I suppose Mindy would scold Jay Sekulow, Steve Scalise, Jim Jordan, Mitch McConnell, Devin Nunes, Kevin McCarthy, and about 100 others for attending this celebration of victory of good over evil. I think Mindy hates Trump more than Joel Belz or Marvin Olasky.

  •  William Peck 1958's picture
    William Peck 1958
    Posted: Fri, 02/07/2020 08:03 pm

    So I just read this a little closer - - - Mindy Belz is blaming the Russian invasion of the Ukraine on Trump, for "withholding" aid to Ukraine, and for Trump conditioning the aid so that "Ukraine [would] investigat[e] his domestic political opponents"

    So Mindy is on board with impeachment. I don't have all the details at my fingertips, but I'm pretty sure the aid was NOT withheld, and it was barely delayed. And what exactly is wrong with investigating corruption of US officials?

    I'm disgusted by Mindy Belz constantly bashing Trump and acting like she's the arbiter of US foreign policy. I'm wouldn't be surprise if she was a consultant to "Jane's Information Group".

    And, no, Mindy, don't speak for me with your silky voice and your sanctimonious, categorical statement that "Nor can anyone applaud Trump’s victory lap once the Senate acquitted him on Feb. 5". I cheered him on Tuesday at the SOTU, and I cheered him at his celebration talk the next day.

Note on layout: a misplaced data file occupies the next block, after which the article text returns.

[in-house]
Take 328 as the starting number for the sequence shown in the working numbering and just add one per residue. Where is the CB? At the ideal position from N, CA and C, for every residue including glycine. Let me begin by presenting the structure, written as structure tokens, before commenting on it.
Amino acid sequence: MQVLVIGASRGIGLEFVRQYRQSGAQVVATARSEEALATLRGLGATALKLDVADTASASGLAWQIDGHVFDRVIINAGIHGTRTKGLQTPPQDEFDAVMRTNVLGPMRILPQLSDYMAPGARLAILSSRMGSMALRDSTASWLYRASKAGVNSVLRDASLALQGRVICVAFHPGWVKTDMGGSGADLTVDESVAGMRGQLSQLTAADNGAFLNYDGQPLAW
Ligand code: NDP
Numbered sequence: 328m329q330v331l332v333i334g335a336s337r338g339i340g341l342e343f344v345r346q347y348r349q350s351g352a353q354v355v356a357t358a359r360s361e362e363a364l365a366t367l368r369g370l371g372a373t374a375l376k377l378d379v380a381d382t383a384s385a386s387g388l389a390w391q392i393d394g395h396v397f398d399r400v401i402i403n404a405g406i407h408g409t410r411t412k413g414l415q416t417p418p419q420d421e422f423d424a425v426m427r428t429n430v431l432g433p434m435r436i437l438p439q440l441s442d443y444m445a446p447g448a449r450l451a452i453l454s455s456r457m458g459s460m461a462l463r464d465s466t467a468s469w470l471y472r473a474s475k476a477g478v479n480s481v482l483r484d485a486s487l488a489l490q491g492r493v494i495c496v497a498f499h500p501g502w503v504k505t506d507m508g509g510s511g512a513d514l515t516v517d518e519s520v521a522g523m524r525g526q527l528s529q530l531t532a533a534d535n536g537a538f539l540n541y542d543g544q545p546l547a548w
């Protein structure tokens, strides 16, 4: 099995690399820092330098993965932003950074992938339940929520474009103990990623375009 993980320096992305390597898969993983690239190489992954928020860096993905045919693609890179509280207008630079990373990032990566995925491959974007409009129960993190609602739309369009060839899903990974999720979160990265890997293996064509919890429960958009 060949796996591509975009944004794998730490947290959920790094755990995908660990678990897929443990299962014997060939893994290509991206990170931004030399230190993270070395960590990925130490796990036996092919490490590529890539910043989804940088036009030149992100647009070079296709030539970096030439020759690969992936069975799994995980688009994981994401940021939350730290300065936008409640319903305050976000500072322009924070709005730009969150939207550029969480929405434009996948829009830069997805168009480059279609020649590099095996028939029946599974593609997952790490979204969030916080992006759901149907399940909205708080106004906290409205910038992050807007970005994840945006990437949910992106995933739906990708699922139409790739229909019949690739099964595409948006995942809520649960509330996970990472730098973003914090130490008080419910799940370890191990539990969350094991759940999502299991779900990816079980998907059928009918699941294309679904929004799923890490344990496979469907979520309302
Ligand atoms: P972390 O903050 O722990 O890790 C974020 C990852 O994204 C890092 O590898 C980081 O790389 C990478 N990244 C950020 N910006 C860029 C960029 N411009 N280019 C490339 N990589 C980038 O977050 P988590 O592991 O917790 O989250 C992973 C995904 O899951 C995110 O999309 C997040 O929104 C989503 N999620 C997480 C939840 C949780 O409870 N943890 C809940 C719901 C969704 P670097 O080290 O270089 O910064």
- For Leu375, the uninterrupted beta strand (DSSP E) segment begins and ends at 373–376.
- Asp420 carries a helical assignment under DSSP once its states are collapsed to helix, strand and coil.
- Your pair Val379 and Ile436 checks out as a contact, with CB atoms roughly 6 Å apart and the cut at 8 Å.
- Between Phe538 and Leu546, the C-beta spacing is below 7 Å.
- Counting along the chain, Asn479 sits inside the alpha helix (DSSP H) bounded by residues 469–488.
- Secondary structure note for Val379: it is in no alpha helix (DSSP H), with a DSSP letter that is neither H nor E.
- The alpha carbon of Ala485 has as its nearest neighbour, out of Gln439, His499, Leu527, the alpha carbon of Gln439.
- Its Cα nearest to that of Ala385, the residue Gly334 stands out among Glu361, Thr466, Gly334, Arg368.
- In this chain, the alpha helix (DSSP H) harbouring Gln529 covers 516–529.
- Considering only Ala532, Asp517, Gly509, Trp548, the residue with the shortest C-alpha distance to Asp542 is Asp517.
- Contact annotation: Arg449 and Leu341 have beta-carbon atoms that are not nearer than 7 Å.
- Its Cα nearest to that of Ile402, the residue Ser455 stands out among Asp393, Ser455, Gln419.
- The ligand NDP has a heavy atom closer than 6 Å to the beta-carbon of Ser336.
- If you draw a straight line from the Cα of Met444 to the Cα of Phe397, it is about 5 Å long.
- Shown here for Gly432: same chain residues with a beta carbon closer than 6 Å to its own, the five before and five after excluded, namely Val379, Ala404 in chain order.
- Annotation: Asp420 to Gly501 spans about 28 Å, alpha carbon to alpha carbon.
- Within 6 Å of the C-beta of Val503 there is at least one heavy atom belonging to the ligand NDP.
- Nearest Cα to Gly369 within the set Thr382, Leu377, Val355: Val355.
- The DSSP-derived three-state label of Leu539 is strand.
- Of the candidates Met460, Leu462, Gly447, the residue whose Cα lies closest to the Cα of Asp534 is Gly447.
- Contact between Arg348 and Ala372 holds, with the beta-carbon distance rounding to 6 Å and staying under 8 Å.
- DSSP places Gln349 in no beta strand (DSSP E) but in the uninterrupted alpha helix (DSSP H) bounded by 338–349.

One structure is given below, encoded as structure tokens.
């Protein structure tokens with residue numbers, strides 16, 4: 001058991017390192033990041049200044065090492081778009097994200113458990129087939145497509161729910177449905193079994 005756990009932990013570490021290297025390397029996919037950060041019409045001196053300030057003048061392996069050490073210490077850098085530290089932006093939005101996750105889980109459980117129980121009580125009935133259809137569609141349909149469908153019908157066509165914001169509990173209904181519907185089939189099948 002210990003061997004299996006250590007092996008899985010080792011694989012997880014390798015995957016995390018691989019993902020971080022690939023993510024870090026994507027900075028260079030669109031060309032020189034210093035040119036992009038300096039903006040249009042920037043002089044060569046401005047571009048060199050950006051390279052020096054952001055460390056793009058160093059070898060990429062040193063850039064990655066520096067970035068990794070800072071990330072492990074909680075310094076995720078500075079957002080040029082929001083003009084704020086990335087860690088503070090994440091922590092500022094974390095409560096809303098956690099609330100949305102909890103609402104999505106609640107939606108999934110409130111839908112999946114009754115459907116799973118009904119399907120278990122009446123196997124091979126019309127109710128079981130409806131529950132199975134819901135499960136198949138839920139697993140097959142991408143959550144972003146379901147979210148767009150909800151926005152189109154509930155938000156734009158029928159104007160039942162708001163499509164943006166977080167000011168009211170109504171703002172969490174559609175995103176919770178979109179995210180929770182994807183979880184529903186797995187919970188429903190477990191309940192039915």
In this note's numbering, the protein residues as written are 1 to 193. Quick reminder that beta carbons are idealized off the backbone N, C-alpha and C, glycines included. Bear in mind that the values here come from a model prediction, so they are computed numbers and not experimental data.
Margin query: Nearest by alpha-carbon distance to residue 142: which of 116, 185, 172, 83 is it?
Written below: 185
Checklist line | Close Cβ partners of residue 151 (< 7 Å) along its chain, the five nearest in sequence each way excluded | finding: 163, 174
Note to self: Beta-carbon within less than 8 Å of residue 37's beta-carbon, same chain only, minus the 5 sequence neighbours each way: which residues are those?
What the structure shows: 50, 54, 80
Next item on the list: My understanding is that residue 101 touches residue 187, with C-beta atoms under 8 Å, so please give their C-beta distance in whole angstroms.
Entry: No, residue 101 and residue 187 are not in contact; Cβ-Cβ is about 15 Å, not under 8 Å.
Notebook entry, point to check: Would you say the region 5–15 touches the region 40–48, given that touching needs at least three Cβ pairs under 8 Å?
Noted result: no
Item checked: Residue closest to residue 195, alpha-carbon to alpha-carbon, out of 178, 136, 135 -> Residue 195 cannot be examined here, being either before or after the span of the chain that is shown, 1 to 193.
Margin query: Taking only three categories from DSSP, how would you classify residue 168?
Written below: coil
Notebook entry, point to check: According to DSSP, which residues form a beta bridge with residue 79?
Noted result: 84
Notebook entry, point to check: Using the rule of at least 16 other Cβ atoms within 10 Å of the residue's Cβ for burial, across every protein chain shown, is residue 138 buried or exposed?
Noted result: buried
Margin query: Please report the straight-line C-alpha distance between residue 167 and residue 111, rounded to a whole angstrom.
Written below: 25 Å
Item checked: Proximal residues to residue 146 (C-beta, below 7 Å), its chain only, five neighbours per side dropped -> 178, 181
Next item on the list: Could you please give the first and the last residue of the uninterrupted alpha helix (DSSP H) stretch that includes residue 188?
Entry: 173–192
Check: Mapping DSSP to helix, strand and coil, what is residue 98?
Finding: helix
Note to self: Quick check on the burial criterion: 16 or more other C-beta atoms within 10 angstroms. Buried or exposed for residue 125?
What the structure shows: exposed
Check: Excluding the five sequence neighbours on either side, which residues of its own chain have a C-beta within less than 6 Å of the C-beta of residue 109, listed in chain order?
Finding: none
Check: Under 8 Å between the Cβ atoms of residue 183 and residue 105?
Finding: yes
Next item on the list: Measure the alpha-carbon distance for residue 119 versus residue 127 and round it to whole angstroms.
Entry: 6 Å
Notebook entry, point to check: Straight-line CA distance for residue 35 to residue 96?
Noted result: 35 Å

• Tabitha
    Posted: Sat, 02/08/2020 12:04 am

    Thank you Mindy for your thoughtful research into global effects of political games in Washington.  Neither Democrats nor Republicans are winners in the impeachment mud-fest, and Ukrainians have paid a personal price for the show.  I am grateful for the commitment of WORLD to tell the truth without blinders of individual prejudice.

  • Ann Marshall
    Posted: Sat, 02/08/2020 04:36 pm

    Thank you Tabitha

  • BradB
    Posted: Mon, 02/10/2020 01:14 pm

    I thought the aid was delayed a few weeks only and more was added to it. And aid denied by the prior administration was given this time.

  • NBrooks
    Posted: Mon, 02/10/2020 02:36 pm

    It is so refreshing to read an analysis of the situation that looks at both sides of the issue and makes us remember the human toll in Ukrain. Thank you, Mindy Belz!

  • DCal3000
    Posted: Wed, 02/12/2020 12:15 am

    Thanks, Mrs. Belz, for this article.  I have gradually come under the impression that both parties in Washington, D.C., are indeed fiddling while at least parts of the world burn.  Our country needs to get more serious about dealing with tyranny in foreign lands - in places such as Russia, China, Venezuela, Syria, and others.  Your article is timely.  

    Also, a previous commenter questions Mrs. Belz's expertise on Ukraine.  Mrs. Belz has, for years, covered international news and issues for WORLD; she is more of an expert on such matters than most of us readers will ever be.